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#BereaWearsLeggings Is Now Trending After Councilwoman Claps Back At Sexists Shaming Her On Social Media

Berea City Hall / Facebook

Berea, Kentucky is a small town that most people would never even have heard of had it not been for the fact that people are awful on Facebook.

Thanks to trolls, the town—and Councilwoman Emily LaDouceur—are finding themselves in the spotlight.

Things started when LaDouceur, knowing she would be giving a tour to elementary school students that day, opted to wear something easy and comfortable to work. By all accounts the childrens' tour of city hall went off without a hitch.

Photos were posted to the city's social media page in a post that garnered a lot of attention. But not for the right reasons.

Here's the Facebook post:

Rather than address anything the Councilwoman did as part of her job, ask about what the children learned, or anything constructive like that, Facebook users began attacking Councilwoman LaDouceur for her weight and the fact that she wore leggings.

One person in particular—a man who has run for city council twice and lost both times—jabbed at her asking:

"Why does a big girl think she can wear leggings?"

Another person referred to her clothing as lazy while totally ignoring that most of the other members of the city council show up to work wearing t-shirts that are stained or covered in holes and jeans in much the same condition.

Berea, Kentucky is not exactly a fashion metropolis, the town is casual, and the council members make per month what many people do in a week.

The person who runs the city's social media accounts has done a wonderful job of removing the offensive comments, but that doesn't mean they didn't make their way back to Councilwoman LaDouceur. They absolutely did.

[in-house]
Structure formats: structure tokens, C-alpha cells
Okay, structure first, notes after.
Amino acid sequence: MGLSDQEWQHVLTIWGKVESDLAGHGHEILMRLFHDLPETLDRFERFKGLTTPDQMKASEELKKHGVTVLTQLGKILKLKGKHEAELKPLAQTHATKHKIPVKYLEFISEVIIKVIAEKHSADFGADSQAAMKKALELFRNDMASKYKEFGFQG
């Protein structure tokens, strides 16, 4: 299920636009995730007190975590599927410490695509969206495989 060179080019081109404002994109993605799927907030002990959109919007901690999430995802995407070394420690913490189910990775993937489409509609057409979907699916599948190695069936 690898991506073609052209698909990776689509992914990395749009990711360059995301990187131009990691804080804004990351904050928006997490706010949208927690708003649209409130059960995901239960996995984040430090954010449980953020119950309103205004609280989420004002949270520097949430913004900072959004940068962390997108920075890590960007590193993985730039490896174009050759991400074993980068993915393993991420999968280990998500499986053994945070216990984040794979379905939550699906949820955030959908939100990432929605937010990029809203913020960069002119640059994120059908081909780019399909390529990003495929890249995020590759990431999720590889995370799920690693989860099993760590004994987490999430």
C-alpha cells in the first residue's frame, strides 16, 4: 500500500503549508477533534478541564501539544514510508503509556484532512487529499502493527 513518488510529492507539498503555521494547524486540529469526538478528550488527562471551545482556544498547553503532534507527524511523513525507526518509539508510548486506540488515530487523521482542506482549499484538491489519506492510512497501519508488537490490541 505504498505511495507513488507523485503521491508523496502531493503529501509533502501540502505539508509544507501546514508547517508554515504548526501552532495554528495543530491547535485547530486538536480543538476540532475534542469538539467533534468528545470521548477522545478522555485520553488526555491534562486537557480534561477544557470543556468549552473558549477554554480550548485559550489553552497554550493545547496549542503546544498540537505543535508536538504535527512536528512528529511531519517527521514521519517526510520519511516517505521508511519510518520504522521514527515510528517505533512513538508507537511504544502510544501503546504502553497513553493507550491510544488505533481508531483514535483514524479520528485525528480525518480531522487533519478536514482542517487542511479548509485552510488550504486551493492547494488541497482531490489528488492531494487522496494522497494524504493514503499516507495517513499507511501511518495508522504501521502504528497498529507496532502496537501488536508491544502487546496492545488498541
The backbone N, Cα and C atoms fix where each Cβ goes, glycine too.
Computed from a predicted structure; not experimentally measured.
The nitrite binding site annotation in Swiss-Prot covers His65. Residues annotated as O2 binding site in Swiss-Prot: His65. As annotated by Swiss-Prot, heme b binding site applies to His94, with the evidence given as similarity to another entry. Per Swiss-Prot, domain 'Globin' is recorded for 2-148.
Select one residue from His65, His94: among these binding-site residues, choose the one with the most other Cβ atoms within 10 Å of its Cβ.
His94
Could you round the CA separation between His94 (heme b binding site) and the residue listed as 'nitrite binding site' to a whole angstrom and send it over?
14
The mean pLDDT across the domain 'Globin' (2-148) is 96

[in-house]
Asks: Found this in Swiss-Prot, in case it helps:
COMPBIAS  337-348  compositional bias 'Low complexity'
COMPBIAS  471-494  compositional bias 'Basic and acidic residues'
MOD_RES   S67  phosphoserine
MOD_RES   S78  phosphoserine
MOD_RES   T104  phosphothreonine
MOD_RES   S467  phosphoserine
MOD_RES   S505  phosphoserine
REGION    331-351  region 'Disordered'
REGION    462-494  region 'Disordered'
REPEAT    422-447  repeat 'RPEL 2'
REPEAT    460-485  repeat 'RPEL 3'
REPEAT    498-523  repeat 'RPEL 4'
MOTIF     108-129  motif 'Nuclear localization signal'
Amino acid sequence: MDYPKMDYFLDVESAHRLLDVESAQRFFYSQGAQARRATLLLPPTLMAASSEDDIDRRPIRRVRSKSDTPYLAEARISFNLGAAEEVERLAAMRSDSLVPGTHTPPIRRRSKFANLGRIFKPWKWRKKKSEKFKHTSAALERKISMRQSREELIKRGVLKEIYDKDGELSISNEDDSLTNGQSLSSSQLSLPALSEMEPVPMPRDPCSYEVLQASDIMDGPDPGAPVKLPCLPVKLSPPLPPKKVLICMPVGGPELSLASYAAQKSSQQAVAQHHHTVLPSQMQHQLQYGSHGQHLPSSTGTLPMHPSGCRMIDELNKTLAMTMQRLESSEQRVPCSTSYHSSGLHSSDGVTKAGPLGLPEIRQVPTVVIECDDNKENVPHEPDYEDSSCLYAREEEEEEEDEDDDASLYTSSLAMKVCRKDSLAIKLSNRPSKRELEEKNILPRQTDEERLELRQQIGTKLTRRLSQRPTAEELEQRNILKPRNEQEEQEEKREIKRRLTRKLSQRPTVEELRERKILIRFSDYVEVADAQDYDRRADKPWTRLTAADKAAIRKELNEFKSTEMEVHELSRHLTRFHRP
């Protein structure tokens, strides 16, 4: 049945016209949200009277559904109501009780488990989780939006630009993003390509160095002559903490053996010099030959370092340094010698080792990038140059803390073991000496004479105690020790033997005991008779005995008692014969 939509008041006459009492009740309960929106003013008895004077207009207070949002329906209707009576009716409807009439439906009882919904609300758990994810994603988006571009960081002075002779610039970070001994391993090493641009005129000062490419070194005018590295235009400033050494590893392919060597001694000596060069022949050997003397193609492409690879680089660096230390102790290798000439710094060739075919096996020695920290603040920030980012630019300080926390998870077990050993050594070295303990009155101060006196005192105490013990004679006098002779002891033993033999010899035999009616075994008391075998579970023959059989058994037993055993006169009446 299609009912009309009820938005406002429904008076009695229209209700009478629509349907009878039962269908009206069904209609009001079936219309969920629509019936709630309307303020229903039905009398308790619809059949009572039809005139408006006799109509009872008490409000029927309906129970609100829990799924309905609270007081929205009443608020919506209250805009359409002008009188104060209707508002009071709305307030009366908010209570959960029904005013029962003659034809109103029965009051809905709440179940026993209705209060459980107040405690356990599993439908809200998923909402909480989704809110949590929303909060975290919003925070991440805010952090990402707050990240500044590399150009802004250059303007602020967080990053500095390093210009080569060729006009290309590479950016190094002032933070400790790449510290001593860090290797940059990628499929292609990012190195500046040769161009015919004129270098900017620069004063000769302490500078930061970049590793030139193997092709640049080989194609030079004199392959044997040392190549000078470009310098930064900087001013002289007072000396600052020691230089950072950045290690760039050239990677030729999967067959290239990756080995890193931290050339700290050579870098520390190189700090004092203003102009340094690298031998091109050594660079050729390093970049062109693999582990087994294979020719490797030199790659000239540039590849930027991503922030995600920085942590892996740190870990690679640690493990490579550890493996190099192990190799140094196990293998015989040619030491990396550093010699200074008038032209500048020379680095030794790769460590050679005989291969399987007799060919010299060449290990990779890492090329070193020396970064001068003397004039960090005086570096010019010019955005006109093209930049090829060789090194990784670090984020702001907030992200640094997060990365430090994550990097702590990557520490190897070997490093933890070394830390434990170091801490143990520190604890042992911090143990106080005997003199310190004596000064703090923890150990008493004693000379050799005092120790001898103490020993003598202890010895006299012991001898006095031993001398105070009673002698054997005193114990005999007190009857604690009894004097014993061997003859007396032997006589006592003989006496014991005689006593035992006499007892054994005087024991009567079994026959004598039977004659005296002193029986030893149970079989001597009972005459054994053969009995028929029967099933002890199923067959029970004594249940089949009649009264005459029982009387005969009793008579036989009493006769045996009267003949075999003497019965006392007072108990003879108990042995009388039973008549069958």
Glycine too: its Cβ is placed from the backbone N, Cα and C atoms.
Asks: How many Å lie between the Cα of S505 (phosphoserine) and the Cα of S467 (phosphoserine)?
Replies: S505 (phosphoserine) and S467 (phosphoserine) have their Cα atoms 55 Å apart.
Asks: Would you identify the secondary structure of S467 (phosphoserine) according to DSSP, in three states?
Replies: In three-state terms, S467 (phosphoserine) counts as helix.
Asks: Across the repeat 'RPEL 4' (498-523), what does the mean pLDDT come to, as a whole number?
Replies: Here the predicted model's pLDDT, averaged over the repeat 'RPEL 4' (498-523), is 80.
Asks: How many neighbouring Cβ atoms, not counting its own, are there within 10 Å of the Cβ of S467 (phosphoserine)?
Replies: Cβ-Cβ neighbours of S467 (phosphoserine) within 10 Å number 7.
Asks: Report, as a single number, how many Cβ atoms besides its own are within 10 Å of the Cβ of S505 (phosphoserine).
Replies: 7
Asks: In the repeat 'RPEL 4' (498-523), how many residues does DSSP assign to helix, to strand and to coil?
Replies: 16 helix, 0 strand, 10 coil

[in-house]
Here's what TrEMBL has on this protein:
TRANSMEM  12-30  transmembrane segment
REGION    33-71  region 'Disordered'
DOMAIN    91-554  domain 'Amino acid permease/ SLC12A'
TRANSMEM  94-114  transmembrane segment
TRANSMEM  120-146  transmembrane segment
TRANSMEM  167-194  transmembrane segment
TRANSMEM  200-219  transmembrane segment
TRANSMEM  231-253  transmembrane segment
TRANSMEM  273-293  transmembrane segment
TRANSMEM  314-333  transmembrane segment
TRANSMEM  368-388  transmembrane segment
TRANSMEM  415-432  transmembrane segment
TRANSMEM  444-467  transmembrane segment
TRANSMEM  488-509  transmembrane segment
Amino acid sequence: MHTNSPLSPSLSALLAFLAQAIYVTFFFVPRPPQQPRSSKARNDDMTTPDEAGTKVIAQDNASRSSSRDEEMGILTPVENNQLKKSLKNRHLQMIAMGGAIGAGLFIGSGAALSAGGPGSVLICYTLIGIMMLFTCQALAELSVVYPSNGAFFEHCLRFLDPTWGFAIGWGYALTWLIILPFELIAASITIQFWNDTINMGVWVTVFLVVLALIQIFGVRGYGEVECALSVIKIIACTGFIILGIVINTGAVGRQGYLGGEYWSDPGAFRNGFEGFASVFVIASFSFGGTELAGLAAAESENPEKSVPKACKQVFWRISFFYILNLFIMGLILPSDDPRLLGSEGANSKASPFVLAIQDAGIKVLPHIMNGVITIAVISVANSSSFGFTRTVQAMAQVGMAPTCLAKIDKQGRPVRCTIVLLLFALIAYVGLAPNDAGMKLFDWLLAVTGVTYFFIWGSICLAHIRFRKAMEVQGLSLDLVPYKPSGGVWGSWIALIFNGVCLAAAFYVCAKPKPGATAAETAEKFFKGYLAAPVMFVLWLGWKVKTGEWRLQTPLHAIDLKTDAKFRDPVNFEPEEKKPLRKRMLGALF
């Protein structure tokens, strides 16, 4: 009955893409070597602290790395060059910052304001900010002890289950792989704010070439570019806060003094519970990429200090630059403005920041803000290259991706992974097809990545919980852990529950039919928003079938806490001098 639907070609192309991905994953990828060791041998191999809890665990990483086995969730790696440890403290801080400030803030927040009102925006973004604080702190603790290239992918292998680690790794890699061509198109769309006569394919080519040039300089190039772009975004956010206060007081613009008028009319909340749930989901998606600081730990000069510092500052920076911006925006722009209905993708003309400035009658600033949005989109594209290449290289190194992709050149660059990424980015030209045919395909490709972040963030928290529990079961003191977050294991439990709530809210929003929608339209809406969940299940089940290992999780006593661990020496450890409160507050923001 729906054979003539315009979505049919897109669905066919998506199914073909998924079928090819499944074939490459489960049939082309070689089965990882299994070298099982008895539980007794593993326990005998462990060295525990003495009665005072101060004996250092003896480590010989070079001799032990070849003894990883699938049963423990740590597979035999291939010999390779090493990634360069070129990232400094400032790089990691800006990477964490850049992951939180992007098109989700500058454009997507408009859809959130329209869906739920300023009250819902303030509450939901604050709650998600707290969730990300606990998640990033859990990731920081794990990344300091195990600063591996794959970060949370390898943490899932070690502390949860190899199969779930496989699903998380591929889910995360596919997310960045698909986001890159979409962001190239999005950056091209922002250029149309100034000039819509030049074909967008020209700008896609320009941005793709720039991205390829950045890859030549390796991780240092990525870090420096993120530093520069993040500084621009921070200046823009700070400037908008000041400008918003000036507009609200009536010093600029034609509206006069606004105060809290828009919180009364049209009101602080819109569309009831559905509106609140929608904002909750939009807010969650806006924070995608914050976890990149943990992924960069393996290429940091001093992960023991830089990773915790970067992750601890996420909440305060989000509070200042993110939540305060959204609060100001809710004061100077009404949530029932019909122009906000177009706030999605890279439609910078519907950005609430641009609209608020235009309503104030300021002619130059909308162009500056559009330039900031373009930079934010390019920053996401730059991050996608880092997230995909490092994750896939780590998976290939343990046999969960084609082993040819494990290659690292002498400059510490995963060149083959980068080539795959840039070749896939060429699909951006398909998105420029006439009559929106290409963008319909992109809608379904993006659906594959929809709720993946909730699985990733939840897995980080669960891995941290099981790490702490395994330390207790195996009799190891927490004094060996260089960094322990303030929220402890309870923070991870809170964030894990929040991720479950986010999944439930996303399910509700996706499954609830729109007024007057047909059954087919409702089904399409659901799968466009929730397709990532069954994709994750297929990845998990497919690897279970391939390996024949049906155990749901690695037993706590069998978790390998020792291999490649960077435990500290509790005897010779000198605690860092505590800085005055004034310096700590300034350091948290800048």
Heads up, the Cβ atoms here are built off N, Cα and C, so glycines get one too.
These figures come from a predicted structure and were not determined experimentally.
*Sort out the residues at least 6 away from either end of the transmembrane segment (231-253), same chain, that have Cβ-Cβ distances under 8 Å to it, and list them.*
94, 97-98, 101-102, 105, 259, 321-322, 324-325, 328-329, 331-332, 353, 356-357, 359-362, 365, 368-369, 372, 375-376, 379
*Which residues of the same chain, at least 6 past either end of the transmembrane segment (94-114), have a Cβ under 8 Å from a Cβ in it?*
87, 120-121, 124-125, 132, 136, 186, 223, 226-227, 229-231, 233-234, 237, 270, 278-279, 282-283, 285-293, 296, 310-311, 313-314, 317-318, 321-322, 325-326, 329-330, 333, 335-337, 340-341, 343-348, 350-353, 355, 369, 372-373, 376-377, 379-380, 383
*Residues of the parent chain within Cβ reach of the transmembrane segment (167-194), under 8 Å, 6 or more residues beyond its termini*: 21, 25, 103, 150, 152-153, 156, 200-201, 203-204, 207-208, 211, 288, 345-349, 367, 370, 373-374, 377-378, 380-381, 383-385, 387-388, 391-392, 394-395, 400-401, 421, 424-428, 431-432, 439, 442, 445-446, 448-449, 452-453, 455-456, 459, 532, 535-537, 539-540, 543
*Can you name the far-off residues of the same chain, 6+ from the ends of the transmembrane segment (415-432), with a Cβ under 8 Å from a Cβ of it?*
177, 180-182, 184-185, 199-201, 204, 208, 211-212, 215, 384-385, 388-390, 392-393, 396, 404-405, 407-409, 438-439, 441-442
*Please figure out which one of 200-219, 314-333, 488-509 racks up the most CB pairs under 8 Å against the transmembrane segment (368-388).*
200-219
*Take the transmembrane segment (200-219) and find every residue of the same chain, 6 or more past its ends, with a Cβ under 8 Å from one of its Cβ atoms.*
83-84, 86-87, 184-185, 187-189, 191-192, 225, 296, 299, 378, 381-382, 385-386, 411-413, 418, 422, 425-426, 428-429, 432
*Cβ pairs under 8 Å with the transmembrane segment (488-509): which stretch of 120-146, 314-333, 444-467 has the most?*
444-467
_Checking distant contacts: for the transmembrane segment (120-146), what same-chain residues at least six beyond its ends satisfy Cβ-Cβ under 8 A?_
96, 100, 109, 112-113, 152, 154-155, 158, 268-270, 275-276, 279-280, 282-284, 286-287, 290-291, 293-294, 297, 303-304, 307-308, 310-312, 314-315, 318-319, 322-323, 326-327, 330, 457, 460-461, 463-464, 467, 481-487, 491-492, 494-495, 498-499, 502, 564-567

LaDouceur wasn't exactly surprised, she explained in an interview that this was part of a larger trend of online trolling, hatred and negativity that the city has been seeing lately.

Most of the comments came from a particular group of conservative people who have been harassing her online for weeks.

That doesn't mean they didn't sting or that the uproar didn't take away from the issues she believes she should really be judged on.

"It's not a good feeling, walking into a space where you've earned your seat at the table and what people are thinking about is what you're wearing and not what's in your heart and mind and what you have to put on the table."

LaDouceur's initial response showcases her resilience and sense of humor.

Since her leggings were such a big deal, she figured she would go ahead and tell people exactly where she got them.

You can get the leggings here.

As things began to build, the community—and eventually social media at large—rallied around Councilwoman LaDouceur. Her bullies attempts at shaming and silencing her backfired spectacularly.

She gained attention on a national scale, the city enacted an annual leggings day and Twitter lit up with hashtags supporting her.

Check this out:

After the outpouring of support, Councilwoman LaDoucer posted a thank-you:

As well as a post that shed some light on what she plans to do with this moment:

"Never did I imagine that my body and my leggings would make national news as opposed to the great ideas and work I put forth in my community, but I'm choosing to absorb this moment because it has introduced people to my platform...a platform of inclusion and equity."
"I've only been at this for 4 months and I've already seen how difficult it is to get people engaged in the nitty gritty of local government."
"But there is SO much we can do with this energy. We can teach children that bullying and body-shaming is not okay. We can show people that you can love your body while working to prioritize your health."
"We can engage in the hard conversations about racism, homophobia, sexism, ableism, sizism, etc while still maintaining a beloved community. It's about discerning where productive discourse can thrive and releasing ourselves of unhealthy debate."
"The high road doesn't have to look like toxic positivity... it looks like engaging where bridges can be built and removing ourselves from spaces and people who are not able to manage their pain enough to see us."
"Thank you for all the messages of love and support, y'all. It's been everything!"

You can watch a brief interview with Councilwoman LaDouceur here.

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